Economic Freedom: China Up, U.S. Down


Since 1995 the Heritage Foundation, a conservative think tank in Washington, D.C., has put together the Index of Economic Freedom to "track the march of economic freedom around the world." In January, Editor in Chief Matt Welch sat down with economist Jim Roberts, who co-authored the 2012 edition of the survey. They discussed reasons for optimism about China, reasons to worry about the United States, and the general state of economic liberty around the world. For video of the interview, go to

Q: Why did Heritage start putting out the Index of Economic Freedom?

A: Conservatives felt the American public and the world at large didn't have a good grasp on the fundamentals that underlie the great prosperity we've enjoyed in the United States. So to remind people and to advocate for those policies—limited government, low taxes, strong rule of law, light regulation, and open markets—Heritage started the Index.

Q: Have the last few years been bad for economic freedom?

A: They haven't been great, although we had a little bit of an uptick last year. This year again it's gone down for the world. There are some bright spots in sub-Saharan Africa and Asia. But the bad news for America is that for the third year in a row, there's been a precipitous drop in economic freedom in the United States. Economic freedom peaked about seven or eight years ago in the U.S. and has been dropping since then.

Q: What are you measuring in the United States that is dropping?

A: Government spending's score has just gone through the roof. The Keynesian stimulus has failed but has left us heavily indebted, and this administration ([like] the prior one) [is] spending too much money and not getting enough as a result, taking money out of the economy that could be better used for private-sector investment. And too much regulation. It's strangling business. It's making business overly cautious. People don't know what to do, especially with ObamaCare coming on the horizon. These have been the main things, but also property rights, where you had the abuse of the rule of law in the United States with the takeover of General Motors and Chrysler, for example, [and] the too-big-to-fail bank bailouts. These all counted against the United States' score.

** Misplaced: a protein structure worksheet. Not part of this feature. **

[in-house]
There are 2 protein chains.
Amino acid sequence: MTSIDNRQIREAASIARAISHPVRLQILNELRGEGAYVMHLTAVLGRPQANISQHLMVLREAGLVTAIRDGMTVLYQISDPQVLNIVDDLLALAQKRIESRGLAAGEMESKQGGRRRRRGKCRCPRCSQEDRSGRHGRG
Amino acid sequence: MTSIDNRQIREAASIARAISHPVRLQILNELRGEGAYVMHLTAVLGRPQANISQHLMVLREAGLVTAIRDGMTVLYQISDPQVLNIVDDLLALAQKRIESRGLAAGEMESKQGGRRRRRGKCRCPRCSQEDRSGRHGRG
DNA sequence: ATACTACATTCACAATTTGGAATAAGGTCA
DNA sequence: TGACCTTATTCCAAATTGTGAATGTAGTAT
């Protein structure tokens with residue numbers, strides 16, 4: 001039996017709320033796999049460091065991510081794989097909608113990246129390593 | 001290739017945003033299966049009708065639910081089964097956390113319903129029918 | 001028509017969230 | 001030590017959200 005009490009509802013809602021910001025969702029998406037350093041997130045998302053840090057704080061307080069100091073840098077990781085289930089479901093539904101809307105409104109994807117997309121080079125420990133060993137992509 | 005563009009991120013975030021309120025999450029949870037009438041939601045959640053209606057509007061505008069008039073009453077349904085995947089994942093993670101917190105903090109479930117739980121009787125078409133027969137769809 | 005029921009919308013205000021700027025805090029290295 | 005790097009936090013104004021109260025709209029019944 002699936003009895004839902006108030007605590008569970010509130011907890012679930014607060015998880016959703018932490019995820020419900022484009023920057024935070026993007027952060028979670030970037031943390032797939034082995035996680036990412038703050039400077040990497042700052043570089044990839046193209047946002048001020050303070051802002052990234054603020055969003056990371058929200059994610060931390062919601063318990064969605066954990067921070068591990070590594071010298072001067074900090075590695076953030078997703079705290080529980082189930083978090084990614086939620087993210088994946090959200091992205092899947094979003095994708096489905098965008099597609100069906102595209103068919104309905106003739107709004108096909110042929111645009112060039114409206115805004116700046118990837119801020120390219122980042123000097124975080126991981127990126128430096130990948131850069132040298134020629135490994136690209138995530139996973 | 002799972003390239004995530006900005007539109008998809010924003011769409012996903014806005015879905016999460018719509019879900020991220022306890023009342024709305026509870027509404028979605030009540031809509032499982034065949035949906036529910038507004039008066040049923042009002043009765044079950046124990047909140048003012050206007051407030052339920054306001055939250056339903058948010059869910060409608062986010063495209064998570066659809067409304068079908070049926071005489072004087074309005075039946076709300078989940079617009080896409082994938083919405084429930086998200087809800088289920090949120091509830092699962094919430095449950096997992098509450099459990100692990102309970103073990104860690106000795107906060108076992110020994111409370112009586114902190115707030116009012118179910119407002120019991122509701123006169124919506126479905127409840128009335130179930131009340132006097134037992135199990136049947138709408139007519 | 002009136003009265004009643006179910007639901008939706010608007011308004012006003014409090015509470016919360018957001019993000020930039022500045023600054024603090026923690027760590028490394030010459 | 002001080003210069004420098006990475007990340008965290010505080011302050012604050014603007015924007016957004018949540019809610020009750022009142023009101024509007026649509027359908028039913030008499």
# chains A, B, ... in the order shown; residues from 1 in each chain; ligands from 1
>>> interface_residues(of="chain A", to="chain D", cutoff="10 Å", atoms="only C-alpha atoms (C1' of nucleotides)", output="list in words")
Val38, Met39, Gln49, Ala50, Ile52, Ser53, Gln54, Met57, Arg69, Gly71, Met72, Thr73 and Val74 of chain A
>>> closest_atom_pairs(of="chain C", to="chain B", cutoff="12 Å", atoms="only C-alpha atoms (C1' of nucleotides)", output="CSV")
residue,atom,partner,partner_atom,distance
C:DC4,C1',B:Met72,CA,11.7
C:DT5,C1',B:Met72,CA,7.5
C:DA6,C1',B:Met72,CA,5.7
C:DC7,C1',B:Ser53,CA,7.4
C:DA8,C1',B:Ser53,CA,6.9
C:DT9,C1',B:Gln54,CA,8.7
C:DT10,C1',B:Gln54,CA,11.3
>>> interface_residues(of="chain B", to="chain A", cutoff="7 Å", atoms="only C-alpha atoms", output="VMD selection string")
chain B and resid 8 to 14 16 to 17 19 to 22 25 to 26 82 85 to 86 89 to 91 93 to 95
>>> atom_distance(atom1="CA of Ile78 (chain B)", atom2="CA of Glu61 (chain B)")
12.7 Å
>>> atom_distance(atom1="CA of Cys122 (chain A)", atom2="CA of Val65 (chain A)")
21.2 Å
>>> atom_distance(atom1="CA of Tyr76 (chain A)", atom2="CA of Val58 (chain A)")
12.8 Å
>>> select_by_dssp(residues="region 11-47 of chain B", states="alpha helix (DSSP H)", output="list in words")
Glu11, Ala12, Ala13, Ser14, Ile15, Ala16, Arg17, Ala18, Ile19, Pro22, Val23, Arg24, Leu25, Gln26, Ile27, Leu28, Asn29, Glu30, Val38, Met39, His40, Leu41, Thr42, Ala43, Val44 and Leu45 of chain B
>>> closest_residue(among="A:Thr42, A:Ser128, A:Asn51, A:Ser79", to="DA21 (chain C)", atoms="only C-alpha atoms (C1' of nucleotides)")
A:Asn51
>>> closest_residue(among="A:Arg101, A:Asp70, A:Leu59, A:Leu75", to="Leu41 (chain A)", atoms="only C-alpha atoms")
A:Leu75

Q: How is China doing in terms of economic freedom?

A: They're sure not doing nearly as well as Hong Kong, which has been No. 1 for the last 18 years. Meanwhile, the mainland is stuck below the middle of the stack. Think about how well [China] could be doing if they opened up their political sector as they have their economy. If they had stronger property rights, strong rule of law, and genuine open markets, and didn't play games with currency, how much better could they be doing? Quite a bit. 

Q: Your background is in property rights, and you worked for the State Department for a quarter century. Tell us a little about China and property rights. Do they have any?

A: They do in practice, but not in law, and that's the problem. If you have major investors, they're going to want to see not only property rights enshrined in law but actually a track record of the government responsibly handling that, where you don't have to buy off judges protecting those property rights. China's going to take time to do that, but they've got to start, and they haven't yet. 

At least they opened it up to have leases for property, but they need to go and finish that and have real property rights with real ownership. Share the power. Diffuse the money, and you diffuse the political power along with it, and you have more participation, more democracy.